Tuesday, December 16, 2008

US Congress Investigates "Dysfunctional" FCC

We were right all along. Or at least that's the conclusion of a Congressional investigating committee, which confirms serious malfeasance at the US Federal Communications Commission.

Their new majority report paints a picture of an opaque FCC, with a culture of fear and a tendency to suppress data conflicting with politically motivated decisions. Gee, this sounds quite a bit like many other parts of the Bush administration, does it not?

Here are some relevant parts of a news report posted to the ARRL web site:

On Tuesday, December 9, the House Committee on Energy and Commerce -- the congressional committee that oversees the Federal Communications Commission -- released its majority staff report "on the bipartisan investigation of the FCC's regulatory processes and management practices." The report -- Deception and Distrust: The Federal Communications Commission under Chairman Kevin J. Martin -- stated that the investigation was prompted "by allegations to the effect that [FCC] Chairman Kevin J. Martin has abused FCC procedures by manipulating or suppressing reports, data and information."


Representative John D. Dingell (D-MI), Chairman of the Committee on Energy and Commerce echoed Stupak's concerns: "Any of these findings, individually, are cause for concern. Together, the findings suggest that, in recent years, the FCC has operated in a dysfunctional manner and Commission business has suffered as a result. It is my hope that the new FCC Chairman will find this report instructive and that it will prove useful in helping the Commission avoid making the same mistakes."

But the best parts concern the FCC's deliberate ignoring of data that conflicted with its allegedly prejudiced decision on Broadband over Power Lines (BPL):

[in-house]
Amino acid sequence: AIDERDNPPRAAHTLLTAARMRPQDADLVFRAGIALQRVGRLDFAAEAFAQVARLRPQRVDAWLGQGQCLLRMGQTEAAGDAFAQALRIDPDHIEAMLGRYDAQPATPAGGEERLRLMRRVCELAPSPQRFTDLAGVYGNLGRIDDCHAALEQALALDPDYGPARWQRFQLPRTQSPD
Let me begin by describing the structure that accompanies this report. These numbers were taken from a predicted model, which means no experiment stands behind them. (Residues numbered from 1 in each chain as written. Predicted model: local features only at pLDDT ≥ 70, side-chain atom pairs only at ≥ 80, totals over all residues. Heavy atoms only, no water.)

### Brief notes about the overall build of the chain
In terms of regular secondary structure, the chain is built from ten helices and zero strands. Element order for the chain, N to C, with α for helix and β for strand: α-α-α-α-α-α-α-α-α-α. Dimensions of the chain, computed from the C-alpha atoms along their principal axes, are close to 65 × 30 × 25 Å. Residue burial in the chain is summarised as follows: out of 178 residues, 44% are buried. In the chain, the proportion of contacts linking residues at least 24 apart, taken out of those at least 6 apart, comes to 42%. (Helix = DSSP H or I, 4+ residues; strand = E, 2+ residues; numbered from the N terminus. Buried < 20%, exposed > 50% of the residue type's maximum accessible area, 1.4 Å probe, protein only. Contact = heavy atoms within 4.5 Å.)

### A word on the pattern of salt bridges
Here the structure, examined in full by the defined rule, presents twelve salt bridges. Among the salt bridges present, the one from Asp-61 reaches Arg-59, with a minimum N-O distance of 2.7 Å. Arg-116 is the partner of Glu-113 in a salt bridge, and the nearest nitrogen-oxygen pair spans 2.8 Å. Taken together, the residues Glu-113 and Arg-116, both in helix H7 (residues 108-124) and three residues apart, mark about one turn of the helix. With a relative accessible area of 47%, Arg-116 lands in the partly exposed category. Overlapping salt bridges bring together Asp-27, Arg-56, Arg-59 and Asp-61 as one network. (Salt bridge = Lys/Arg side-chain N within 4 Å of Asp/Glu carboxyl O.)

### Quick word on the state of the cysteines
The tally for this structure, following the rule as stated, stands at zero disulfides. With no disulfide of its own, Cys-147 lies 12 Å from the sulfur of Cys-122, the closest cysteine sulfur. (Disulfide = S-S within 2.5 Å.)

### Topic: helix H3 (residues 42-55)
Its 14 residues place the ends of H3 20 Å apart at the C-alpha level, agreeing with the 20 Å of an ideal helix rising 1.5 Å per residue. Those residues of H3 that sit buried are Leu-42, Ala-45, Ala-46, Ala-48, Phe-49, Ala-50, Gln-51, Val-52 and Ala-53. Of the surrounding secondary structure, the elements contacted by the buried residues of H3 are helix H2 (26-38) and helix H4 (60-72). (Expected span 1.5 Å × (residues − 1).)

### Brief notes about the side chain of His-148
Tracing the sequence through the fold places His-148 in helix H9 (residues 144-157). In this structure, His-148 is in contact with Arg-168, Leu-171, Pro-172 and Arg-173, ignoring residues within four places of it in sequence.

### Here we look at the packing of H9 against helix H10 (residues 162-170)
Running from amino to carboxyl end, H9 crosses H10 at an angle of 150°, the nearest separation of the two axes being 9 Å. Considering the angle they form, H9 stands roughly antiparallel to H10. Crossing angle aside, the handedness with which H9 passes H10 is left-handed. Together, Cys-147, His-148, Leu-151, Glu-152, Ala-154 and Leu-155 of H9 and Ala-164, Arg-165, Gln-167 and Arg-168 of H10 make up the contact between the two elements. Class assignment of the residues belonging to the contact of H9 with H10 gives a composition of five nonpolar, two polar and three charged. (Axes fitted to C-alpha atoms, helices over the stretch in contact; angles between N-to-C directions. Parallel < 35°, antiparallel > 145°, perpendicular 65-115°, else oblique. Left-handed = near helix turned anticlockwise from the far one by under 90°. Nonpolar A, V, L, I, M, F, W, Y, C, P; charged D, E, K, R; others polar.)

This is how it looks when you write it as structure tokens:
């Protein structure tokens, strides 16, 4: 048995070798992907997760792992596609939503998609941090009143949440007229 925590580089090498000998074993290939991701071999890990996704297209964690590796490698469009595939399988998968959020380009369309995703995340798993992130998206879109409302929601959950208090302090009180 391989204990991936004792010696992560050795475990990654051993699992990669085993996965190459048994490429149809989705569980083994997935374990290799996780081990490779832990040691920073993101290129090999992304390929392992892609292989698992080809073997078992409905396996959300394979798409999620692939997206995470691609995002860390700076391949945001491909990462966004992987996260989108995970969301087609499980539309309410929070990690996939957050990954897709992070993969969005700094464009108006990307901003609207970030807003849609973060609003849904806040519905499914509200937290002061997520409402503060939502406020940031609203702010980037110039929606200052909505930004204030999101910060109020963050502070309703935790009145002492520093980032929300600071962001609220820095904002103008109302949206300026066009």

Concerning BPL, the report alleges that FCC officials "ignored complaints of radio frequency interference caused by BPL high-speed Internet technology, delayed an enforcement investigation for two years and improperly withheld engineering data regarding BPL from the public."

The report found that in October 2004, as then-Chairman Michael Powell issued his final rule "defining BPL access and setting technical and administrative requirements to protect licensed radio operators from harmful interference," the FCC "withheld from the public certain engineering reports on which it relied in promulgating the rule" from the final rule and order.

Even though the BPL rules were adopted during Powell's tenure, the report found that "it was under Chairman Martin that the Enforcement Bureau and the General Counsel continued to withhold the redacted engineering reports and insisted on doing so in the course of the ensuing litigation [with the ARRL]."

Farther down, Martin is accused of lying to Congress:

The report also showed instances of where Chairman Martin "manipulated, withheld or suppressed data, reports and information," and said Martin's "manipulation [of another report] may have damaged the credibility of the Commission, and certainly undermined the integrity of the staff. Moreover, it was done with the purpose of affecting the congressional decision-making, in that it was issued as a report to Congress."

It is certainly everyone's hope that a new broom in Washington can sweep away some of these wannabe communication lobbyists who have so damaged the FCC.

Full story is at ARRL.org.